David Gardner: She has a second question. I'll just start in for the fun of it. This is looking at adjacencies in your business. As you think about 5, 10, 15 years from now, might there be some half steps you take out of what you're doing, and she says, "What about windows?" [laughs]
Bryan Fairbanks: The Trex name is a powerful asset for the company. We do look at opportunities where Trex could expand our capabilities in the marketplace beyond what we do from just decking and railing. But we also want to make sure that if we're going to do something in that industry, there needs to be a reason why we're doing it. Why should people be buying that Trex products if we enter into it?
Jason Hall: I had a question in here that I seem to have completely lost. I hate it when that happens too. One thing that's been interesting is a couple of years ago, there was talk about Trex's international results, some pictures that were featured of some very large decks in the Middle East and other places, and it seems like there hasn't been a lot of talk about that more recently. Can you talk about Trex's future outside of North America?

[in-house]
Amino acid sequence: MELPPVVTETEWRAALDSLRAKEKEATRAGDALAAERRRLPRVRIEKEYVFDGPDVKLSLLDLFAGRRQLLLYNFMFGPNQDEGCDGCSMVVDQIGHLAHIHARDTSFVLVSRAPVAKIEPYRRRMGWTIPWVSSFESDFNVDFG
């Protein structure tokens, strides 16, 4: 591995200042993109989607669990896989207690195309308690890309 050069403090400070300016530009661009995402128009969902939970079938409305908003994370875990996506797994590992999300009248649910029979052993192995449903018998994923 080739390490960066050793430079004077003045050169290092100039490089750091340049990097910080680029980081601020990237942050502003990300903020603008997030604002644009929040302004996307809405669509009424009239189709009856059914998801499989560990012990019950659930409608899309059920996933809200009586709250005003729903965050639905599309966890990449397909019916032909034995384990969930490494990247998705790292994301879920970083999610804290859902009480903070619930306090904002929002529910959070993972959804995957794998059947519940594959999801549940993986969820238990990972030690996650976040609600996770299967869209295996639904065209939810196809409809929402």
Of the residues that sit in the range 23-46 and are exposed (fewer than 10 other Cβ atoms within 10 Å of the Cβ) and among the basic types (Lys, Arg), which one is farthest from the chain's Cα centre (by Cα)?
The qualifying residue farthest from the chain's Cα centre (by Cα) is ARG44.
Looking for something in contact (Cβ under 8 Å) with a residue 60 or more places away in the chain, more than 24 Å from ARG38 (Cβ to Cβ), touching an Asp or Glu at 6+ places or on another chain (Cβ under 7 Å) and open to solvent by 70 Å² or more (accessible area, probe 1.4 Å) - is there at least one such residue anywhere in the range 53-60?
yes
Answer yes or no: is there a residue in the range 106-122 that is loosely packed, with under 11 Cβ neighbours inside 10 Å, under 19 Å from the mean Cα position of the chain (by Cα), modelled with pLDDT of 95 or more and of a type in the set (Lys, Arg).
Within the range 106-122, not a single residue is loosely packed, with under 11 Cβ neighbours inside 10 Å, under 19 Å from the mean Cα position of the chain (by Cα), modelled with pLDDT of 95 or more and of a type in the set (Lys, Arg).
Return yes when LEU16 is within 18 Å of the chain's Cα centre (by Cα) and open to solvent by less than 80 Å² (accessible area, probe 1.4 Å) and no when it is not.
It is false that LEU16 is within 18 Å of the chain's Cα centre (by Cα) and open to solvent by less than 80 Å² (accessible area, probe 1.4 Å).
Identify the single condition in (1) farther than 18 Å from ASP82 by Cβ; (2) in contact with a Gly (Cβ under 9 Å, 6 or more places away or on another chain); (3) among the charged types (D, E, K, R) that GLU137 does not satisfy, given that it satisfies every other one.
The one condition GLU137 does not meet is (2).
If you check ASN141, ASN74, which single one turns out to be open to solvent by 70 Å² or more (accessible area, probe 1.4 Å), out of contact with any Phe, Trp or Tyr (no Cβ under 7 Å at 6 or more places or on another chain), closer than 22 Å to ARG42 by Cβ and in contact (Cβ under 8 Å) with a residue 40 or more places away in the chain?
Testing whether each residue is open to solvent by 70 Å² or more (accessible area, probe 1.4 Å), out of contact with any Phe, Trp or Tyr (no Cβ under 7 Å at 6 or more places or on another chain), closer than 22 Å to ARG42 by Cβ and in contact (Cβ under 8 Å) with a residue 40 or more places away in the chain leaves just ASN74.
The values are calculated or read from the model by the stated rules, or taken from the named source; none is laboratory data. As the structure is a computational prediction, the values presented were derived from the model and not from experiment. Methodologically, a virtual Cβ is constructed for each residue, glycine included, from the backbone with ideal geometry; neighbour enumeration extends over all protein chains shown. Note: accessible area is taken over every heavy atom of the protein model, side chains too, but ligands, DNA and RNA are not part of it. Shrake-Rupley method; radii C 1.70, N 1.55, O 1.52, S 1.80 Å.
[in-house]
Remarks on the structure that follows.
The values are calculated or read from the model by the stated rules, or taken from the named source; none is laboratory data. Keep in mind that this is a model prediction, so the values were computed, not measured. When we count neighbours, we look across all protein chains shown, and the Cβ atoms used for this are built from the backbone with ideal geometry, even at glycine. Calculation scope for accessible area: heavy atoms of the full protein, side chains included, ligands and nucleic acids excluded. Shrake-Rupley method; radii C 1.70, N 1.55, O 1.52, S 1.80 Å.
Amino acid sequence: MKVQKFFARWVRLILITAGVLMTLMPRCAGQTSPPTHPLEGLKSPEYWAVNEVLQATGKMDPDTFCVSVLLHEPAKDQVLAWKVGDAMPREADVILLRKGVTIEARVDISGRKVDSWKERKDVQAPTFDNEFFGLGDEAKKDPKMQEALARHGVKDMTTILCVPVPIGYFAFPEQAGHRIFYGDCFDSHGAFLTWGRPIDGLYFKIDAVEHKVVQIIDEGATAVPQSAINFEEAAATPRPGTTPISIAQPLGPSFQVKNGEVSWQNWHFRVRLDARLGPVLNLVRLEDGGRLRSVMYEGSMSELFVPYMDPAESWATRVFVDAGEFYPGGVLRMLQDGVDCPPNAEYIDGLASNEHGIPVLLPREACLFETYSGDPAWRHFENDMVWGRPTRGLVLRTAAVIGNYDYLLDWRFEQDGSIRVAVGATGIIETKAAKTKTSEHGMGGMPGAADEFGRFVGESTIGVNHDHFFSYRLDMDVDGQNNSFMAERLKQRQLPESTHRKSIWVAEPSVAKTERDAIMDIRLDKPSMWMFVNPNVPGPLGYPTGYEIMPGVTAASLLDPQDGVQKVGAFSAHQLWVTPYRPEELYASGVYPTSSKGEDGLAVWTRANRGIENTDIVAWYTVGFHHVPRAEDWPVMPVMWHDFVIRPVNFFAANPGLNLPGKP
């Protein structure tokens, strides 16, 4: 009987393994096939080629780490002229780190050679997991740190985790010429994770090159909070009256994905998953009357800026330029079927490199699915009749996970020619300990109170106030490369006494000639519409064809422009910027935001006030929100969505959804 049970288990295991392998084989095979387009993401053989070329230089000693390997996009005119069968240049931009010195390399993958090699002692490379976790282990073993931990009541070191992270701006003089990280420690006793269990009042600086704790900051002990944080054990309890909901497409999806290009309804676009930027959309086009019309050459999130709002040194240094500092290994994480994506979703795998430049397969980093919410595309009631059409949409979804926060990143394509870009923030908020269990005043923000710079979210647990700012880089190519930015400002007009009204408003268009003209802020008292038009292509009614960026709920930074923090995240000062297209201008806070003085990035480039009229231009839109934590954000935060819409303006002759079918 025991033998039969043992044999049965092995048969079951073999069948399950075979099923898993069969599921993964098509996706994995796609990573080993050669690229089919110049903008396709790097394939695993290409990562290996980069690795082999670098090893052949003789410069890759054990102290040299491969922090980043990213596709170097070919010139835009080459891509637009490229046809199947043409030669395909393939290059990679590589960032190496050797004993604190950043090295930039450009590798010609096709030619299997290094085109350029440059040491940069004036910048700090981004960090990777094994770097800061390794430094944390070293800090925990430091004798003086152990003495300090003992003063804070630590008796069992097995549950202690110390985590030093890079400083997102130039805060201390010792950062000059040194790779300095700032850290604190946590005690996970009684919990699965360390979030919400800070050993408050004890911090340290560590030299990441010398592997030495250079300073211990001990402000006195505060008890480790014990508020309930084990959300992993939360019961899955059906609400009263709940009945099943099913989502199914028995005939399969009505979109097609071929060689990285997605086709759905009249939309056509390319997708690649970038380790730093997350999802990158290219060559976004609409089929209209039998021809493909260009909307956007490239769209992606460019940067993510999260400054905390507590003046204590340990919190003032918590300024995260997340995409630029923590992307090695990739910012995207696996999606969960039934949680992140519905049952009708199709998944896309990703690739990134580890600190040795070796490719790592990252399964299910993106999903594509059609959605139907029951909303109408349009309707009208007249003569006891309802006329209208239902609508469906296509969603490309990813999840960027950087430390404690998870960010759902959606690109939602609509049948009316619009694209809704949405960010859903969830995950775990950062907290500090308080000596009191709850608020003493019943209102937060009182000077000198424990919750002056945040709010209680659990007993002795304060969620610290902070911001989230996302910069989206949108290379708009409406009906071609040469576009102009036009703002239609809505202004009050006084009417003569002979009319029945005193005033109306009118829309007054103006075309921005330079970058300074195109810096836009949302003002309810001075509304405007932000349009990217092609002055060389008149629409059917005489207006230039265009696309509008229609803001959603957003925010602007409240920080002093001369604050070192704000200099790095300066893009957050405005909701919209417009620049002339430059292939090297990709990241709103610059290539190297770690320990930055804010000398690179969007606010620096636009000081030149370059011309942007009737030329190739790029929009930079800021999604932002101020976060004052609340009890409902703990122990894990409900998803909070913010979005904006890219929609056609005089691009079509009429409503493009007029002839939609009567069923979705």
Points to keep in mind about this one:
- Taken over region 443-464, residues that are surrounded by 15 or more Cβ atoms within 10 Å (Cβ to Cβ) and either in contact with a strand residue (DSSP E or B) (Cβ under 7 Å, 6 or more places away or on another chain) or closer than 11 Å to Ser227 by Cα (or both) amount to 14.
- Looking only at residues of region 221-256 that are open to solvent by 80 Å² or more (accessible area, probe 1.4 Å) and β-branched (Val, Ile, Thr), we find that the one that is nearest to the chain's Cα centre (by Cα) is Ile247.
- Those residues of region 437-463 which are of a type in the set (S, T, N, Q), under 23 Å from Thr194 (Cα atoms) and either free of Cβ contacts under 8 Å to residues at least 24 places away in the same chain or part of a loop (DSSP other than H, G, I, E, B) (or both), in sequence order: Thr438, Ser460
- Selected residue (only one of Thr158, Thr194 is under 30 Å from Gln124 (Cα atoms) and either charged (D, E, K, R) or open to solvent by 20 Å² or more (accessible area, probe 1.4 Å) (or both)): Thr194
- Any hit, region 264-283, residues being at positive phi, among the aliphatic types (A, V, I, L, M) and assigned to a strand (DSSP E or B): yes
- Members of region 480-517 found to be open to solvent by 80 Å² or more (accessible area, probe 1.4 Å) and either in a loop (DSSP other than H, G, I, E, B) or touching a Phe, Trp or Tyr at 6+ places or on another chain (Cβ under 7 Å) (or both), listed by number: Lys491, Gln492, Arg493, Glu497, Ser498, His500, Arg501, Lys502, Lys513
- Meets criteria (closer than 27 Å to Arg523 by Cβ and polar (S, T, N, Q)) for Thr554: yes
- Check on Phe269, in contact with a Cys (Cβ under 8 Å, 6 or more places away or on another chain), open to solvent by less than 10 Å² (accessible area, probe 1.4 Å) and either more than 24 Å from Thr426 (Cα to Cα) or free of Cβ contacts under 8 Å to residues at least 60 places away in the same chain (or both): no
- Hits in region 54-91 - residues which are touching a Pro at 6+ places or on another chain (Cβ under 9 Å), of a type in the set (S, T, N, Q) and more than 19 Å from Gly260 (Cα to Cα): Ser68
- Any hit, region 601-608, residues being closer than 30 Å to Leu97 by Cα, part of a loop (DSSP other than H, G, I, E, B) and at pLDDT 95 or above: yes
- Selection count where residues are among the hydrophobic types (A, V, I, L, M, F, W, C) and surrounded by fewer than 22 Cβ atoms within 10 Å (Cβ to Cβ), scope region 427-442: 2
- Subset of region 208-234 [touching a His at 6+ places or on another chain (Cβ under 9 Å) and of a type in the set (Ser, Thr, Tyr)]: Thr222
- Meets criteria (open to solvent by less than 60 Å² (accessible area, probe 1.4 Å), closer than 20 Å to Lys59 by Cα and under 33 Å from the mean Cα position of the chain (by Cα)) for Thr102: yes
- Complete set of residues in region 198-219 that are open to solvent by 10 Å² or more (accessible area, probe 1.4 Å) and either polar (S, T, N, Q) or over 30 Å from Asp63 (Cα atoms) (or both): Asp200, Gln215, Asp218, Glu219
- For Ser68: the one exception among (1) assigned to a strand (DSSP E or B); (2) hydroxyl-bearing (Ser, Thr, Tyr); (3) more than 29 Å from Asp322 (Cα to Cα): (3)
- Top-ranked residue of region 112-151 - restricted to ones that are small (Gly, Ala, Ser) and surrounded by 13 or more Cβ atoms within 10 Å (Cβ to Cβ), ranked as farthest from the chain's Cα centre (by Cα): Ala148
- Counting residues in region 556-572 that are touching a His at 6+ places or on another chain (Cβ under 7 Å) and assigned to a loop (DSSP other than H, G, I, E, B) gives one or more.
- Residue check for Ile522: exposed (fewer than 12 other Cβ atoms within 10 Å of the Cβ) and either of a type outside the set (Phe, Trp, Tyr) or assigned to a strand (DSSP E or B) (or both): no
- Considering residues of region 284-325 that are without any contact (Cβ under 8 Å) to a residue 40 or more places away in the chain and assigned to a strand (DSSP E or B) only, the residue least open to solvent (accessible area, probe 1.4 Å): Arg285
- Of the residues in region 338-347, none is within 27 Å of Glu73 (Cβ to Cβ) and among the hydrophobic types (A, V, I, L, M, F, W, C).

Bryan Fairbanks: Sure, we're really excited about the opportunity outside of North America. We had a pretty big push on a number of years back, when I was running that area of the company. As we started to run into more of a capacity situation, we probably got a little bit more material here in North America, and those markets, while they still grown, they've not grown to the extent that they potentially could have grown. As these new capacity comes on, we see great opportunities in these international markets. Markets that have generally high GDP, relatively high family incomes, as well as an interest in outdoor living. We built distributor relationships, we started branding in some of the markets along the way, and we see them ready to take off as our new lines come on and we can get more product shipped overseas.
Jason Hall: I found the question, so I want to be sure to get it in, it's really, really important. To talk about the difference between existing homes and new construction in terms of where Trex's business comes from.